New research from TransUnion has found a 37% increase in the number of property managers who said they reported rent payments to credit agencies in 2022. The research includes the results of two surveys from over 150 property management executives and 3,301 current renters.
Following the emerging trend, 48% of those who now report rent payments began doing so in 2022. Top reasons cited for reporting rent payments were to help residents build credit scores at 86%, encourage residents to pay on time at 52%, and attract renters who are financially responsible at 35%.
“It’s exciting to see this kind of movement among property managers toward rent payment reporting. The findings also illustrate that the property manager-tenant relationship is more than transactional—most property managers who report rent payments are doing so to help their residents improve their financial futures,” says Maitri Johnson, vice president of tenant and employment screening at TransUnion. “Clearly, awareness of this valuable credit report asset is growing, and we hope to see even broader adoption of rent reporting going forward.”
For those who do not report rent payments, 54% selected “other” among the list of common reasons and 32% indicated they were in the process of setting it up or were already doing so through a third-party data provider. Of the benefits that nonreporting property managers find convincing, the top reason (85%) would be to attract renters who pay on time.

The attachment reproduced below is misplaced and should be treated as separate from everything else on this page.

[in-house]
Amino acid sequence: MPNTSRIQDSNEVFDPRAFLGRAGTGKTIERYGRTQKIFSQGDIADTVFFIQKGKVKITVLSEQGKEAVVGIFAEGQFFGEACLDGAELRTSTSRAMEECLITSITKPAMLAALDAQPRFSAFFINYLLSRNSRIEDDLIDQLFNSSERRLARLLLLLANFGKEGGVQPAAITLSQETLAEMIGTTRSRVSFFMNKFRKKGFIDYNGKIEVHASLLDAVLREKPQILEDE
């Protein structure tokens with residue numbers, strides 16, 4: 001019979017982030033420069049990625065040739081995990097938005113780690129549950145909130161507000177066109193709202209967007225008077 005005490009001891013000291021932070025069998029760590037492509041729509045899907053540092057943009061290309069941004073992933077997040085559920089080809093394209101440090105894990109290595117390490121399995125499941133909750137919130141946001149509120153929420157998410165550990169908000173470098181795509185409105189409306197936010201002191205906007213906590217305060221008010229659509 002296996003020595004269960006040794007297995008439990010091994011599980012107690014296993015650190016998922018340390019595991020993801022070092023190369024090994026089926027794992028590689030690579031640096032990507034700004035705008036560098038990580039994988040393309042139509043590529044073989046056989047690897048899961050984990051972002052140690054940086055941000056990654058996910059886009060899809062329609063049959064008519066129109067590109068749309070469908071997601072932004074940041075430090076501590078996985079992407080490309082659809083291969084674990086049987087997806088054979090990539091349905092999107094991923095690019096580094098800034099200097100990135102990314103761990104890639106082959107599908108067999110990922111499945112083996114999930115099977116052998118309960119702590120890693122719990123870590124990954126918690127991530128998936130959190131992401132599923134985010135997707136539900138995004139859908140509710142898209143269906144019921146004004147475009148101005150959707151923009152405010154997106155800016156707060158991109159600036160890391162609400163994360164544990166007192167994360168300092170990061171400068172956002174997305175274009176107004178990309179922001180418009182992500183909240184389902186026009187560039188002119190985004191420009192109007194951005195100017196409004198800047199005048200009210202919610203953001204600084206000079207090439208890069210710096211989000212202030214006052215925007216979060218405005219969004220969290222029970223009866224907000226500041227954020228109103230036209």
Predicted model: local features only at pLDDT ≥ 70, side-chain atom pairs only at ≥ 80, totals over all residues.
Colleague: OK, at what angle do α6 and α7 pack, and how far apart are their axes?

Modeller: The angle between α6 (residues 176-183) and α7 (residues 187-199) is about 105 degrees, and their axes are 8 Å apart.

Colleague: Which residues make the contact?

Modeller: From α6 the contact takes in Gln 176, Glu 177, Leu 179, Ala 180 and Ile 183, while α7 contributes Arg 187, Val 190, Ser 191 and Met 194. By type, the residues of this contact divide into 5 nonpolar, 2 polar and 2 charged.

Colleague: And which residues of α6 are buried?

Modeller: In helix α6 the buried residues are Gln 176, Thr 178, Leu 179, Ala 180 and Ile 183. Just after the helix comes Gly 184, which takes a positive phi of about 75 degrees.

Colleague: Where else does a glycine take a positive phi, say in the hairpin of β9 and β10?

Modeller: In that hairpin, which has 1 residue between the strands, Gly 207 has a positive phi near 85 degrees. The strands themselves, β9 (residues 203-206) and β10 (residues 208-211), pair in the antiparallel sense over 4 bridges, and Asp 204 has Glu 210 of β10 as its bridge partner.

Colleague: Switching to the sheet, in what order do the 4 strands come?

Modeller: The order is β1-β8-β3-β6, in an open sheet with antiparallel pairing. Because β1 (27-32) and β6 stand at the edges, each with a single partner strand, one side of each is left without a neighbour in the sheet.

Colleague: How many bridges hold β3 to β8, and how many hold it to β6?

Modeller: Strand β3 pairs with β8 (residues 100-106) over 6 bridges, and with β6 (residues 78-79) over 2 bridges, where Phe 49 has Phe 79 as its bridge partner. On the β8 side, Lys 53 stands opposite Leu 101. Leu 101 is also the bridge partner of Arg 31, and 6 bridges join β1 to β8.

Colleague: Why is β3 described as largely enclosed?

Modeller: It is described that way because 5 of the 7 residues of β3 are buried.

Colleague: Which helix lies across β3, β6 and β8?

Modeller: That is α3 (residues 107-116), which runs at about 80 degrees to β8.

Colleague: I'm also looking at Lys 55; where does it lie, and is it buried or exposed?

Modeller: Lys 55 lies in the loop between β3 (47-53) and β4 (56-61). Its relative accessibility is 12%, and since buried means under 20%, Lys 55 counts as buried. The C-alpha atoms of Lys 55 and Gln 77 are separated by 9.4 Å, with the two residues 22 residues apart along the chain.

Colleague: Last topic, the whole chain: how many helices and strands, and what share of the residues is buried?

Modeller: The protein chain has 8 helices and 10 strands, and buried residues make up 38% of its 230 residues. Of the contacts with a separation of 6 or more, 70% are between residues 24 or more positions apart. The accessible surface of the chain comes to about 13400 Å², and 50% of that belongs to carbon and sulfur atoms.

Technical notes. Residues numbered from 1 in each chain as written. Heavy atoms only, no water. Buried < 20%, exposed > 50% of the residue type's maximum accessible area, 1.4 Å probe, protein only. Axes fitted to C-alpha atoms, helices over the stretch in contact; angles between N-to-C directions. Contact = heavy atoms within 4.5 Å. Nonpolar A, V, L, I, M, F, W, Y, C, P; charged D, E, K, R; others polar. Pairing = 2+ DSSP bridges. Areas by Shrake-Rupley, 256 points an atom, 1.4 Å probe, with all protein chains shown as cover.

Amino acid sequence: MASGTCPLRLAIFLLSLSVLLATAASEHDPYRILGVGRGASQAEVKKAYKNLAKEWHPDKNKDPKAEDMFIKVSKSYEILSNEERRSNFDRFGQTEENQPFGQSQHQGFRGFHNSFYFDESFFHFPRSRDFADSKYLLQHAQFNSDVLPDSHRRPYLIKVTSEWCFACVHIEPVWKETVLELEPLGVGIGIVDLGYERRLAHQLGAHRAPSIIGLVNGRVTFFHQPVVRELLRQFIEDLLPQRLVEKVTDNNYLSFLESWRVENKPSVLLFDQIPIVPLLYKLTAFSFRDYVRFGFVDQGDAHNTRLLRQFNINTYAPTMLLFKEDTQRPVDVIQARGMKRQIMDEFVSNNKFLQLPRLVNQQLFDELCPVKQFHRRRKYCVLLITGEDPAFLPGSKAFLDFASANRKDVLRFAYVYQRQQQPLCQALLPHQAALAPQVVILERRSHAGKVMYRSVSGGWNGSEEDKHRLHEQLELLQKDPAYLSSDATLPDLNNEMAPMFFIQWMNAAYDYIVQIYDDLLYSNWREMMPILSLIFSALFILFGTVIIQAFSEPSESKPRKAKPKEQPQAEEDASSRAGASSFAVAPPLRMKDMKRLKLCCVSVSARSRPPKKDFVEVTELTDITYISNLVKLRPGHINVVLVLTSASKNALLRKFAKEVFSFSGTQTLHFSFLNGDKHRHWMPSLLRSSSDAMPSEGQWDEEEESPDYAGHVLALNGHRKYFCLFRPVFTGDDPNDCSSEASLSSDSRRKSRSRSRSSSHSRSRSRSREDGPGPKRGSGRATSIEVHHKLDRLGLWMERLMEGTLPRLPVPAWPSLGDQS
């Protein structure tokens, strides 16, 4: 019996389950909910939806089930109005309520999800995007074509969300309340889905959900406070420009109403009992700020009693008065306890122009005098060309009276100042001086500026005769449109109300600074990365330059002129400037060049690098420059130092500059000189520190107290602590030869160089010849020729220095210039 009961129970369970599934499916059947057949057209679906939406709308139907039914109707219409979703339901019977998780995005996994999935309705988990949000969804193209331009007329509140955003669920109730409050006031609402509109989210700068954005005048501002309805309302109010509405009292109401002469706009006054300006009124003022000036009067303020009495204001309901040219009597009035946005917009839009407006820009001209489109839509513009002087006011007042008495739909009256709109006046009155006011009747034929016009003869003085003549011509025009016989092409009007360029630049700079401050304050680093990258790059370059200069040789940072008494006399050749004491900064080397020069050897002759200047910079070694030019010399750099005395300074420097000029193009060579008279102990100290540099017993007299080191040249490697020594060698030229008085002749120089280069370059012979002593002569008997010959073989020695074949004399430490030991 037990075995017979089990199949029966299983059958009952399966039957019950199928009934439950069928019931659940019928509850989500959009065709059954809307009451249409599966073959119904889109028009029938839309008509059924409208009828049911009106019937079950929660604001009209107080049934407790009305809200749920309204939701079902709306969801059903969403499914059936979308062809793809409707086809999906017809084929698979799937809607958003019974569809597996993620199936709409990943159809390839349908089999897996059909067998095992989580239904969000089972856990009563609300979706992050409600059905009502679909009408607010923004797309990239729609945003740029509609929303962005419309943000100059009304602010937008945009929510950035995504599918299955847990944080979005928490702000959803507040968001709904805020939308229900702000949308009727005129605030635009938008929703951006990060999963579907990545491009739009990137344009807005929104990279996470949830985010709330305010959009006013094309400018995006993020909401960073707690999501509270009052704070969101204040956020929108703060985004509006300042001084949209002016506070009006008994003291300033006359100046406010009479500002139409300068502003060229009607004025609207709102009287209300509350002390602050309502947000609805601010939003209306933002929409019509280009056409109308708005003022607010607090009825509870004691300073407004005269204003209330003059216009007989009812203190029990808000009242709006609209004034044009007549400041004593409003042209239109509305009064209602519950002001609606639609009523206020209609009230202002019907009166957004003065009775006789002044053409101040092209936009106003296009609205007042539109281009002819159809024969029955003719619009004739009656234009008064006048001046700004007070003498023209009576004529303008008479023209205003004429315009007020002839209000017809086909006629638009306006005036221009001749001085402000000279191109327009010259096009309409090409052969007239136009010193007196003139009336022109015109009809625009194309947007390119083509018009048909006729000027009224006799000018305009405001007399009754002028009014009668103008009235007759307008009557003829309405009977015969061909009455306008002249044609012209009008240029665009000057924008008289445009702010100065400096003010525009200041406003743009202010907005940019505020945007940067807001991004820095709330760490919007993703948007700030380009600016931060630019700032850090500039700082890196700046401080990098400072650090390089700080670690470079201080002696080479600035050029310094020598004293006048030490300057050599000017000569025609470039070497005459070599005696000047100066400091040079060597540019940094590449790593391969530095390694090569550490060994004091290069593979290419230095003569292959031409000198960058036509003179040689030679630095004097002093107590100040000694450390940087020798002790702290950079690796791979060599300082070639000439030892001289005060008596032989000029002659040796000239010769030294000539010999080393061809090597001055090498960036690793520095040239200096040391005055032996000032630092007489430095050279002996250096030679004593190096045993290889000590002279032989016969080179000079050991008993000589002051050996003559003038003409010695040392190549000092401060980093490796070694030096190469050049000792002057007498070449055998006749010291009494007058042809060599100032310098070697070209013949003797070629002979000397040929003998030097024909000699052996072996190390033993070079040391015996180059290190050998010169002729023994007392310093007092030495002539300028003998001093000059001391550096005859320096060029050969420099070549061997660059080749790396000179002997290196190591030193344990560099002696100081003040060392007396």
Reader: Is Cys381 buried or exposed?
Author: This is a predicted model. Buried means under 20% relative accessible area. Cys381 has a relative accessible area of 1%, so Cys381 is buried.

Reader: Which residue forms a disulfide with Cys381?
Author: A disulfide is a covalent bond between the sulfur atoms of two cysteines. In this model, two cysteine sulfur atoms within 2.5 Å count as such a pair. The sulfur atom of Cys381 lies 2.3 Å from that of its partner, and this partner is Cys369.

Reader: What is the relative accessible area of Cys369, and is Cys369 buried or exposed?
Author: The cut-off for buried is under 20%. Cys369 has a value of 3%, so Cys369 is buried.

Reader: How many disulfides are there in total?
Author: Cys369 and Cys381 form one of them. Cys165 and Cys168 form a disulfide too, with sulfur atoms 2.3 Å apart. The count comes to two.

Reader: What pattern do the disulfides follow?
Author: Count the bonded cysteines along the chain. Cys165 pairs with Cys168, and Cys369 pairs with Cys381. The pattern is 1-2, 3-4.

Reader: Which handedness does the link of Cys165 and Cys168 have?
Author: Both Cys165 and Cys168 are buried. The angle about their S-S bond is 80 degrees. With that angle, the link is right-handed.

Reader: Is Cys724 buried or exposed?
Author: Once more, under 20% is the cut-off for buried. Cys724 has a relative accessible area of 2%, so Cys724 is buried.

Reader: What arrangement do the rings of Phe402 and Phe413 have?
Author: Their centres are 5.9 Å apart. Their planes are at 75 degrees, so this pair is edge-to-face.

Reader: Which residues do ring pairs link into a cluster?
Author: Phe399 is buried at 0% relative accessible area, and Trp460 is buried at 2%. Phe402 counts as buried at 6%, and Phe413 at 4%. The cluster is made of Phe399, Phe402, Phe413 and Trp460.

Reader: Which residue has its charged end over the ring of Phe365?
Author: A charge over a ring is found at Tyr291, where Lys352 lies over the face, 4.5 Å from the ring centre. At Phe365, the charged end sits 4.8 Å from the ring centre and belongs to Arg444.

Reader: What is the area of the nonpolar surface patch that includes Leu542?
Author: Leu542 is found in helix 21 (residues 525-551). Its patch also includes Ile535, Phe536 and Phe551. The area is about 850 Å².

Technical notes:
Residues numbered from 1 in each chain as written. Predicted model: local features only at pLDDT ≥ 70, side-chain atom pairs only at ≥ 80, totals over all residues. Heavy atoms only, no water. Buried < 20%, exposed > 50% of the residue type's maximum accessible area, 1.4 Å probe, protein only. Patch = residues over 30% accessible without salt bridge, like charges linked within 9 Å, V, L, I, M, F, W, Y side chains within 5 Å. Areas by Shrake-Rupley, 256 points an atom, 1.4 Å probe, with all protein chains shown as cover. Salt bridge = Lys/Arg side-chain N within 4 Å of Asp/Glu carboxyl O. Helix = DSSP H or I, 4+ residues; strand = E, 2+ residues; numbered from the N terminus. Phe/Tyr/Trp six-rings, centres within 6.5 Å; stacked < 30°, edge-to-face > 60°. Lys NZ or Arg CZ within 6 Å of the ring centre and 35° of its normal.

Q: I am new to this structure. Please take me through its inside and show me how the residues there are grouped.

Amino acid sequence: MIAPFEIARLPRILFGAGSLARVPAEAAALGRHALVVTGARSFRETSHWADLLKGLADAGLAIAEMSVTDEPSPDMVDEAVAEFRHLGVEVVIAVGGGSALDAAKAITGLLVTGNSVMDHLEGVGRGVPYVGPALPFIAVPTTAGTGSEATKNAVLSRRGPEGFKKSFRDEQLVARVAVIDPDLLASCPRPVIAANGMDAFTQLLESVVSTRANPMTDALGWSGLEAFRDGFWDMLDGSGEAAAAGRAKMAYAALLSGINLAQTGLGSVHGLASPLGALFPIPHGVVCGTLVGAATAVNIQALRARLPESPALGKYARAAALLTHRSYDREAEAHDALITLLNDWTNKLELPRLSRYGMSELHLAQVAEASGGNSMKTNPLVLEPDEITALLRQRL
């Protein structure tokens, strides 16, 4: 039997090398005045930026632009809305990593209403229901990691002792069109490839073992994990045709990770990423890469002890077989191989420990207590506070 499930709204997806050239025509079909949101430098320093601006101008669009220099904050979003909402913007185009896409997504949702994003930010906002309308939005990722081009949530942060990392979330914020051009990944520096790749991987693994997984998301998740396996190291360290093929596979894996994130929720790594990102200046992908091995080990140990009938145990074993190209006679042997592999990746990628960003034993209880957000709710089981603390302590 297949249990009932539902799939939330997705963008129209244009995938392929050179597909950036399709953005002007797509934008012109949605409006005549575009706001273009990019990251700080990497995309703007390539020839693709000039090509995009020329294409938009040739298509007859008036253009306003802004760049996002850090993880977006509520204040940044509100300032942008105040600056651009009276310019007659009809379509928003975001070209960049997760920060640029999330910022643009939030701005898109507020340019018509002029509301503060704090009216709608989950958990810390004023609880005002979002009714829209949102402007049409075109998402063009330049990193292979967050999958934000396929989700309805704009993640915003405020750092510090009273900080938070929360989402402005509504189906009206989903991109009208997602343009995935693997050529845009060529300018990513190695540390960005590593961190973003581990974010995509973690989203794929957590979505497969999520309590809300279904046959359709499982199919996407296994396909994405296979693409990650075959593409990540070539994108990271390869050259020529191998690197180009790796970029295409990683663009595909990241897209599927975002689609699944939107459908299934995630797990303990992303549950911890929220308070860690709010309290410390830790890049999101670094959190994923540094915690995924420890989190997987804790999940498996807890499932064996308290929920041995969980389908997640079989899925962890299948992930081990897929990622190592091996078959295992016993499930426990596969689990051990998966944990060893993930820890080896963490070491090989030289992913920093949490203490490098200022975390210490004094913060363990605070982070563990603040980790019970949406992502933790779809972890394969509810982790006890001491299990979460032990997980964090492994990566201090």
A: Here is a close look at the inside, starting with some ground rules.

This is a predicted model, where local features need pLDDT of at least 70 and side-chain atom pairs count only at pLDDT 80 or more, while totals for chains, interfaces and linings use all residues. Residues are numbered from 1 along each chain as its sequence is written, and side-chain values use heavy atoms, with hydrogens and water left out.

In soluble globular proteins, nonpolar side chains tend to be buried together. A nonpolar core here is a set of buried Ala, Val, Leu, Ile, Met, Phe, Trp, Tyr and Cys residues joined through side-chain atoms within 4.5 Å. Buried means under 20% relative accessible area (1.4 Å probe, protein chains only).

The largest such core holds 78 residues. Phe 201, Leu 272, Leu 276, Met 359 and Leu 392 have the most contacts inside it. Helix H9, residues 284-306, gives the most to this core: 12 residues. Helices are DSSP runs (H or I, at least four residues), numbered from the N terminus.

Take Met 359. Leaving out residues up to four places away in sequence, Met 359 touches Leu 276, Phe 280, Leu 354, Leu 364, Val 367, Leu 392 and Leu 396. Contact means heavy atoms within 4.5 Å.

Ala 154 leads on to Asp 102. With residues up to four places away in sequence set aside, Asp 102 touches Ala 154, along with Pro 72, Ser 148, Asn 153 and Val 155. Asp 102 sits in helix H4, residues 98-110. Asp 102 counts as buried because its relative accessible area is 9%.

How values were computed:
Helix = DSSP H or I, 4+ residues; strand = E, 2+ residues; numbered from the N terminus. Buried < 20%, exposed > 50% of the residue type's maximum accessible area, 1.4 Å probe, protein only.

“I think we’re seeing a change in perspective among property managers in that they increasingly see rent payment reporting as an important and attainable value-add they can provide renters, a new amenity that can not only support good payment behavior but also be valuable in new renter acquisition,” says Johnson.
Sixty-two percent of property managers who report payments said the setup process was somewhat easy or very easy, while 43% who do not report rent payments expected that to be the case—an increase from last year’s 28% who expected it to be an easy process.
While all generations are equally aware of the possibility of having rent payments being reported, Gen Z renters have theirs reported at 21% compared with millennials at 13%, Gen X at 9%, and baby boomers at 4%. Of those who have had their rent payments reported, 80% said their credit scores increased as a result, and, for younger renters, because of the higher reporting rate, 86% cited a credit score increase.
Findings revealed that 58% of renters are more likely to rent from someone who reports rent payments, and the percentage is higher for Gen Z at 68% and millennials at 64% who prefer a property manager that reports rental payments.
If payments were potentially reported, 82% of all renters said they would be more likely to pay rent on time. “Having rent payments reported is an attractive option for most renters, so property managers who participate should really leverage that benefit in their advertising and highlight it in their lease agreements,” says Johnson. “Property managers who are on the fence should understand that the practice is a win-win for both parties, as it attracts responsible renters and rewards them for on-time payments.”
Because the number of renters who said they have their rent payments reported to credit reporting agencies decreased slightly and the number of renters who were unsure of whether their payments get reported increased proportionately, the report found a need for clearer communication between property managers and renters.